$3.1M home sale sets new city record

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A Connecticut couple’s $3.1 million purchase of an oceanfront home in the exclusive Loveitts Field neighborhood has shattered the price record for residential real estate in South Portland.

The sale of the John Calvin Stevens home at 2 Ledge Road is the most a buyer ever has paid for a single-family home in South Portland, according to the South Portland Tax Assessor’s Office.

Ronald H. Schroeder and Mary Pat Clarke of Greenwich, Conn., purchased the three-bedroom, 3 1/2 bath home July 1 from Charles and Tamera Pompea, whose mailing address is listed on tax records as West Palm Beach, Fla. The Pompeas bought the wood-shingle home in 2002 for $1.7 million.

South Portland’s previous sales price record was set in 2007, when an oceanfront home at 2 Bay Road – also in the Loveitts Field neighborhood – sold for $2 million. That home had been assessed at $1.7 million.

The Ledge Road home was built in 1928, and designed by Stevens, a legendary, 20th-century American architect.

Elizabeth Sawyer, South Portland’s long-time tax assessor, expressed some surprise over the sale price, which was 70 percent higher than her valuation of the property at $1.8 million.

“It certainly does not fit our assessment model,” Sawyer said. “We build a statistical model to predict what properties will sell for, and ours did not predict $3 million for that property.”

South Portland has about 6,000 single-family homes, and only 28 are valued at more than $1 million, according to the tax assessors office. The median sales price for South Portland homes runs about $225,000.

All the homes priced at $1 million or more are located on the east side of the city, along the coast. The neighborhoods cover Willard Beach, Danforth Cove and Loveitts Field, which borders Cape Elizabeth and is near the oceanfront mansions along Shore Road.

John Golden, a former Maine-based real estate broker for Sotheby’s International Realty, now sells oceanfront property in the Hamptons on Long Island, N.Y. Golden, who still follows Maine real estate, described the high-end South Portland sale “as a fluke.”

“The price seems extraordinary, though the house was certainly nice,” said Golden, who was familiar with the property, which has 90 feet of oceanfront.

“I think it’s a fluke, or perhaps the buyers thought it was a drop in the bucket compared to their home market” of Greenwich, Conn., he said.

Golden said he occasionally brings buyers from the Northeast to shop for coastal properties in Maine, because oceanfront homes are so much more affordable to similar properties in Connecticut and New York.

“Yes, $3 million is a pittance compared to the Greenwich or Hamptons markets,” said Golden, senior vice president with the Douglas Elliman real estate firm in New York.

“In fact, I’m coming up to Maine this weekend with billionaire clients from New York,” he said. “They’ve looked for years for oceanfront in the Hamptons… They simply don’t want to pay $50 million or thereabouts for an oceanfront house. The concept to them is absurd.”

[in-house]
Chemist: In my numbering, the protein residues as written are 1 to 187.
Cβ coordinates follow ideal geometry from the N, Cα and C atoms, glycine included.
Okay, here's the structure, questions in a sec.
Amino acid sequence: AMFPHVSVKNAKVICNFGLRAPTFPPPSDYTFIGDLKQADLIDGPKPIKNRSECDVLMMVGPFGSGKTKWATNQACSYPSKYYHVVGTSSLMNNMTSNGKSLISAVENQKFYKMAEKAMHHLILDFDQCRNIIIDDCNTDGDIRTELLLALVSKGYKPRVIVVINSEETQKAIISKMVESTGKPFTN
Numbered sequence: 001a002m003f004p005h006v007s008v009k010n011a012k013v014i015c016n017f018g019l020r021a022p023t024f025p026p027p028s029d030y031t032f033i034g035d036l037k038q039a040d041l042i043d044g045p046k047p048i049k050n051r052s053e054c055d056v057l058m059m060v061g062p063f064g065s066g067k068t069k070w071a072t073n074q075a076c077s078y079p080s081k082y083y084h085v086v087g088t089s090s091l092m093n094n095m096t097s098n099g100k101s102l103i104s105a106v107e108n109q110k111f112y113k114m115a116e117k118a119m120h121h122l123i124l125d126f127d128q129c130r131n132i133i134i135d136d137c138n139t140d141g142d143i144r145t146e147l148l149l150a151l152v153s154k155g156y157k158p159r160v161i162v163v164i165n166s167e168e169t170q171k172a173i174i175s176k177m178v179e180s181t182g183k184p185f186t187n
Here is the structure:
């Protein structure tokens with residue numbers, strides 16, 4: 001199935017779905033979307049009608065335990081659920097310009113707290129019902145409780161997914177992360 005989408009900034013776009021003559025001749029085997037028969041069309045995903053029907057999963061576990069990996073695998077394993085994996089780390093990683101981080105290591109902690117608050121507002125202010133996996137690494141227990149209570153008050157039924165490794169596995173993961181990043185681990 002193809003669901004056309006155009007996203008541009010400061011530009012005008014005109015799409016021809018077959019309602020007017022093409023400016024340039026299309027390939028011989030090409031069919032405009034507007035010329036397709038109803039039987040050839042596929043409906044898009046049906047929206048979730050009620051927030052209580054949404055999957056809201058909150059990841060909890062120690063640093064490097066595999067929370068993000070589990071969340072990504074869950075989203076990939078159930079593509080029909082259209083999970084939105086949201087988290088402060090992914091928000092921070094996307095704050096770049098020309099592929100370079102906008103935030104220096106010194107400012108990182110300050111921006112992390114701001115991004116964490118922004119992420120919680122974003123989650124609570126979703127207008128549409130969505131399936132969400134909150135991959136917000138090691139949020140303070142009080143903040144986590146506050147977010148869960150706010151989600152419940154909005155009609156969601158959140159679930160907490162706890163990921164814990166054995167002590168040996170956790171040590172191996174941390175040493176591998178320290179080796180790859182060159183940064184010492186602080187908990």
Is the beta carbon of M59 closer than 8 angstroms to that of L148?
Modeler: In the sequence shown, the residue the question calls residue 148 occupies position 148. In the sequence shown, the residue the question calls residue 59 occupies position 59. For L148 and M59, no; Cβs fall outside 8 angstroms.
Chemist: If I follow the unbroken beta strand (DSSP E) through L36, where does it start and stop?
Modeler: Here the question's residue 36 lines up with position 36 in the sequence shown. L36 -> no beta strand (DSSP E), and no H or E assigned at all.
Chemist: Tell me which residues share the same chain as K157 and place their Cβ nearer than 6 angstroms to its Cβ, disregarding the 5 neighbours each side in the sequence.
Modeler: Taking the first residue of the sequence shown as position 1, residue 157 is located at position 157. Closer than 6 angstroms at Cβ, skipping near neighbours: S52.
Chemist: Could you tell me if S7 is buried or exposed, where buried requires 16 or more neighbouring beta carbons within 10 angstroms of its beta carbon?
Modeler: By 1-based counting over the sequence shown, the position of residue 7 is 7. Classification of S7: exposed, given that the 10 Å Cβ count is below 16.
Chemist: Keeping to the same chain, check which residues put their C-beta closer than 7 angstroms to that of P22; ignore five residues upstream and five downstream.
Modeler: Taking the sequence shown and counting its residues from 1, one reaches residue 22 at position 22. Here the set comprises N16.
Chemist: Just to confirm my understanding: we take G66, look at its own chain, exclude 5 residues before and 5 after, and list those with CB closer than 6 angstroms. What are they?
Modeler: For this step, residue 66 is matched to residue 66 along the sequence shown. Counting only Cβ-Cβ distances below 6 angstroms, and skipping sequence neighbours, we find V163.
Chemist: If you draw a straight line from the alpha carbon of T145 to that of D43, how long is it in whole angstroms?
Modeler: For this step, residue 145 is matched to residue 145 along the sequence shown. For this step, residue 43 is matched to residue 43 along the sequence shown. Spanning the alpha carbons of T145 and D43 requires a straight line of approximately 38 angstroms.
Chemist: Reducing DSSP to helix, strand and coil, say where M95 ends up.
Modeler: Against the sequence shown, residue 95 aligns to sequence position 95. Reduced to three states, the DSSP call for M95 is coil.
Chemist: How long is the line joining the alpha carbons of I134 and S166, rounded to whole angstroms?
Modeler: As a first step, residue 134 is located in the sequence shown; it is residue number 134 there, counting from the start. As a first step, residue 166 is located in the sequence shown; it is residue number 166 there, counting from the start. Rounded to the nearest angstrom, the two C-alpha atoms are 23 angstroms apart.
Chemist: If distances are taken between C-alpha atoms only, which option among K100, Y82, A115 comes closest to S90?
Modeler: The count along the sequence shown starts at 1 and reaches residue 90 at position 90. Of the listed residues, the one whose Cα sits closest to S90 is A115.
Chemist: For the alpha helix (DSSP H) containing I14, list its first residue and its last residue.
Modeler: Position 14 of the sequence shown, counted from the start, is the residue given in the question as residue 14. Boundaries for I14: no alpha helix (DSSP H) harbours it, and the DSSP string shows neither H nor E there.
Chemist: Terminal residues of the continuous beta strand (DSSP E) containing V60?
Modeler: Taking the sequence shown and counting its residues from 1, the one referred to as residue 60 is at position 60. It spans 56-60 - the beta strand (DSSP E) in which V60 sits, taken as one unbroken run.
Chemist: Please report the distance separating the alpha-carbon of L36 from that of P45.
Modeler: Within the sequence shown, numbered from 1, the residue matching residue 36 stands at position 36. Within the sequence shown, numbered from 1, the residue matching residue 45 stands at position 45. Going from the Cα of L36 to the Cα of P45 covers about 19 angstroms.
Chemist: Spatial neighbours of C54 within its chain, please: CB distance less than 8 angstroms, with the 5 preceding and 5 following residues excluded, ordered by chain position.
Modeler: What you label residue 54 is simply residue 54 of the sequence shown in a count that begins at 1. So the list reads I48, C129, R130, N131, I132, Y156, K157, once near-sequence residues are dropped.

In contrast to the Hamptons – long considered a playground for the rich – the residents of Loveitts Field seem to pride themselves on having a close-knit community where people guard their privacy, rather than flaunt their wealth. The neighborhood hosts yearly picnics and residents know each other by first name.

Outgoing City Councilor Kay Loring is building a home on one of the few remaining vacant lots in the neighborhood, on Bluff Road.

Portland lawyer Daniel Lilley owns a house at 2 Drew Road in nearby Danforth Cove, though he recently put his three-bedroom oceanfront property on the market for $1.9 million.

Joanne Soucy, wife of Spring Point Marina founder Bob Soucy, also has her Loveitts Field home on the market. She is asking $1.6 million for the Bay Road property, which has water views from every window.

But the $3.1 million home sale on Ledge Road is turning heads, even among the affluent residents in this neighborhood.

Marc Gup, a real estate broker who lives in the Loveitts Field neighborhood, said he took a client through the home when it was for sale. Gup described the house as “superior.”

“It absolutely is spectacular,” said Gup, who works at Keller Williams in Portland. “It is one of those homes where you get that, ‘Oh, my God, Wow!’ feeling when you walk inside.”

Gup argues that no matter the house – from a starter home to an oceanfront property – it needs to be priced competitively in the current real estate market.

“This house was under contract in less than a couple weeks,” he noted. By contrast, a nearby waterfront home on Drew Road, also priced at $3 million, has been on the market for several months without attracting a buyer.

He said that in Maine only about one multi-million-dollar house sells each month, and sometimes “it just comes down to how many people want it. But it has to be priced competitively and in phenomenal condition.”

Homes built along the coast tend to hold or increase their values because of their uniqueness and scarcity, Sawyer said. “They have had a tendency to increase in value more rapidly.”

Most other homes, including properties with ocean views, may have experienced a small drop in value because of the difficult economy.

“We’ve seen a slight decline, maybe 5 percent, which is really pretty minor,” Sawyer said. “Volume is down, but it is not down in a dramatic way.”

Her office is now putting together and analyzing data on recent home sales and prices.

“We’re not seeing an impact on the high-end properties,” she said. “The low-end properties are usually the first to hurt in a slow market.”

$3.1M home sale sets new city record$3.1M home sale sets new city record

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